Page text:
"Doctors have considered me a medical miracle. I consider the miracle the friends who helped me and cared. It was the effort of everybody involved. Everybody laid a foundation for me to recover."
Magical. Amazing communications skills.
With so much experience in Baja California, Zinna never stopped to think that anything could ever go wrong. That was until Saturday, January 27, 2007 when Zinna, riding at 60-70 mph north of San Quintin, had a collision with a pile of rocks that sent him flying over his handle bars. The collision knocked him out for a moment. His buddies examined him and saw he was numb from the chest down. He was paralyzed. For the next several hours Zinna endured excruciating pain as the race to save his life began.
The first players in Zinna's safe return home were his buddies - they hurried up the beach to gather wood for a makeshift backboard to stabilize Zinna. Luck was also on their side - a friend had recently given his extra satellite phone to a member in Zinna's group. They were able to call for help using this satellite phone.
The next key players on this day were the ambulance driver and the Mexican police. Upon arrival, they helped carry Zinna to the ambulance, put him on an actual backboard and transported him to Clinica Santa Maria San Quintin were Dr. Toski gave him an IV and anti-inflammatory medicine to reduce swelling.
Zinna praised the key players who'd participated up to this point. He says the police's professionalism had a calming effect on him and the doctor really knew what she was doing. While in the hospital, a bone was protruding from Zinna's skin. He was in such pain that he wanted to get off the backboard - but the doctor, knowing this movement would be detrimental to his recovery, made him stay put.
While all this was happening, Zinna's friends were trying to coordinate AEROMEDEVAC back to the United States. The problem was that in this small town the airport had closed and wouldn't open again until the next morning. It would have taken an ambulance three hours to arrive at Zinna's location and five hours to return to the border - not to mention the narrow and bumpy roads are not good for transporting a patient at risk of permanent paralyzation.
The accident happened at approximately 11 a.m. - by 4 p.m. Zinna's friends had been turned down by everyone they had asked for help. The best they could do was coordinate an ambulance ride back to the border. At around 4 p.m., they finally called the right place - they called BEMCC.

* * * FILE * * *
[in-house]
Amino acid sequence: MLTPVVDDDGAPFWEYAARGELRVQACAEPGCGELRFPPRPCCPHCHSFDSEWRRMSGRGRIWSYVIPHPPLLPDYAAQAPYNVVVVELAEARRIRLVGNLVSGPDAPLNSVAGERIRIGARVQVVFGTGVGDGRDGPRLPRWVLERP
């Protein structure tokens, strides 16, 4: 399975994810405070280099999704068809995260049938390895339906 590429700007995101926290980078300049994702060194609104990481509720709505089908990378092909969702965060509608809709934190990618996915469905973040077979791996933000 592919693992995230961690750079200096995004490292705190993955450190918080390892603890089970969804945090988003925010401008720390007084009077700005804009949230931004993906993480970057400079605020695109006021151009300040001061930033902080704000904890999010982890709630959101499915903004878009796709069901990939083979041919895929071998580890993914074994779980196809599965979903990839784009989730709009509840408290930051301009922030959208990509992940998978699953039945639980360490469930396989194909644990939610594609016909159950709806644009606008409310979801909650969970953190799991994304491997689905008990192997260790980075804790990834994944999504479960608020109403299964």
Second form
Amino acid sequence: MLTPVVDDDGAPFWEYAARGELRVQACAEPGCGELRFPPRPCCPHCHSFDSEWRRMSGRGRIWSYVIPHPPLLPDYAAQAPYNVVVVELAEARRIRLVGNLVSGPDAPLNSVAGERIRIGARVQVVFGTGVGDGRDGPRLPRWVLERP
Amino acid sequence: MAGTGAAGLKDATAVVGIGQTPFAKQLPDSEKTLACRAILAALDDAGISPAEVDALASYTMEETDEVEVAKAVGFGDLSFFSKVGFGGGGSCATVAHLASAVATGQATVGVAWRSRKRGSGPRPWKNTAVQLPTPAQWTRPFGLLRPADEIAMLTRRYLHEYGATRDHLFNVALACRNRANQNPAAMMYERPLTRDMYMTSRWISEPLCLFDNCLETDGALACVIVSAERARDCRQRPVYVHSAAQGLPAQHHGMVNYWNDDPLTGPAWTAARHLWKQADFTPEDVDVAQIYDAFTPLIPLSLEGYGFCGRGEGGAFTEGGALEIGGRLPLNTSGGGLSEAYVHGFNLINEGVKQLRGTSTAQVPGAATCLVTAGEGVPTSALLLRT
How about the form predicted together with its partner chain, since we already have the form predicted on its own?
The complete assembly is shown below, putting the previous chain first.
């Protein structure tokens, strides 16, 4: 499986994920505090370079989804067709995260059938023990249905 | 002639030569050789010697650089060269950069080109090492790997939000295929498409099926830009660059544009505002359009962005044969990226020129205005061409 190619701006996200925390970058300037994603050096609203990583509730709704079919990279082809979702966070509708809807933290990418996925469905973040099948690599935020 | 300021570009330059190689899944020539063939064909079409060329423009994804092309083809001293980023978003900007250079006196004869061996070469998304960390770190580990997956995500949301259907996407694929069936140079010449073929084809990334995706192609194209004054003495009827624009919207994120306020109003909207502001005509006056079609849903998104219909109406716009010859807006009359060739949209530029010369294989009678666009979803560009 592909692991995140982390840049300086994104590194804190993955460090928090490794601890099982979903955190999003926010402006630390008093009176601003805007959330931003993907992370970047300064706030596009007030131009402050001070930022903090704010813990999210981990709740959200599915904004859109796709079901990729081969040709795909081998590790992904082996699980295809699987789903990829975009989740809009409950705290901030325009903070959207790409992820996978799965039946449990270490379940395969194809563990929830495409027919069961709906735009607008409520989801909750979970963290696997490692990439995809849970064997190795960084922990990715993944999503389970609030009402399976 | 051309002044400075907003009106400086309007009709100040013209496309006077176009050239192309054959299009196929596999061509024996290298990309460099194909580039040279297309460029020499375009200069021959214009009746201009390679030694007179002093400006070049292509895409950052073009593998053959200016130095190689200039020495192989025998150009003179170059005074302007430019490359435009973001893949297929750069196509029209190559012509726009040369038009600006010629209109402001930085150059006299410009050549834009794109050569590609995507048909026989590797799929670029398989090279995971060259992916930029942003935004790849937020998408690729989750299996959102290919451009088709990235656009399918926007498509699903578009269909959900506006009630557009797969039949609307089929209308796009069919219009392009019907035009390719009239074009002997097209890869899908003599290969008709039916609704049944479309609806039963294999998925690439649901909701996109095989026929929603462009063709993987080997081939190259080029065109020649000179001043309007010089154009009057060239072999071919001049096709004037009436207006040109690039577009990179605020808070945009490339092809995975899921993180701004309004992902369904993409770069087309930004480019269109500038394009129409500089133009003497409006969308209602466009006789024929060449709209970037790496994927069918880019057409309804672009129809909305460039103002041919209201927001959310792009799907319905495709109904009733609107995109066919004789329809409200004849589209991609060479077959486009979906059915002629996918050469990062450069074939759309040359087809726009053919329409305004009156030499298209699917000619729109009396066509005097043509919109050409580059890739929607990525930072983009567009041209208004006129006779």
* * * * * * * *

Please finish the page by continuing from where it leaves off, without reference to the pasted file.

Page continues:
Celia Diaz, BEMCC Executive Director, immediately began seeking help. She asked Zinna and his friends to keep their plans for ambulance transportation as a backup plan. Recalling the event, Zinna remembers, "[If they would have] told me I would be going back on an ambulance, I would have given up hope - mentally I would have given up. I was mentally fighting to stay alive."
Diaz knew that the difference between an ambulance and helicopter ride would determine Zinna's fate. She knew the importance of getting him back to the United States quickly so he could get the surgery he critically needed.
After confirming that AEROMEDEVAC would not be able to help until the next day, Diaz contacted the U.S. Coast Guard for help. The local U.S. Coast Guard got in touch with U.S. Coast Guard Headquarters and was able to secure permission to evacuate Zinna via helicopter.
The helicopter ride secured with the U.S. Coast Guard required that a physician be on board. Diaz was relieved to find Dr. Andres Smith, Director of Emergency Services at Sharp Chula Vista, on his day off. Dr. Smith was attending a personal event with friends and family, but understood the importance of saving Zinna's life. With this obligation, Dr. Smith left his event and joined the efforts that would save Zinna's life.
Diaz directed Zinna's friends to the Mexican military base in San Quintin where the helicopter would land, but when Zinna and his friends arrived they were not allowed to enter despite their efforts to explain the situation.
Meanwhile, the helicopter was trying to land in complete darkness - a highly dangerous situation. Officials at the military base did not have information about permission for this helicopter to land on their base and therefore, did not turn on the lights.
Diaz then had to get on the phone again. She learned the U.S. Coast Guard had secured permission from Mexico City Headquarters to land on the military base. Diaz then had to communicate this with the Captain at the base. She convinced the Captain to allow the helicopter to land.
At around 11 p.m., 12 hours after the incident, the helicopter landed at the Scripps La Jolla Trauma Center. "I remember Dr. Smith jumping in to the ambulance when the helicopter landed," recalls Zinna. "It was comforting."
Zinna underwent a nine-hour surgery to treat a broken neck and thoracic area. He spent two weeks in intensive care and then four weeks in acute rehab where he had to learn to walk again. Today, he has completely recovered.
When Diaz met Zinna for the first time, she did not expect to see a man walking perfectly without a cane. "I ran three miles and biked ten today," he says with a smile. "Doctors have considered me a medical miracle. I consider the miracle the friends who helped me and cared. It was the effort of everybody involved. Everybody laid a foundation for me to recover."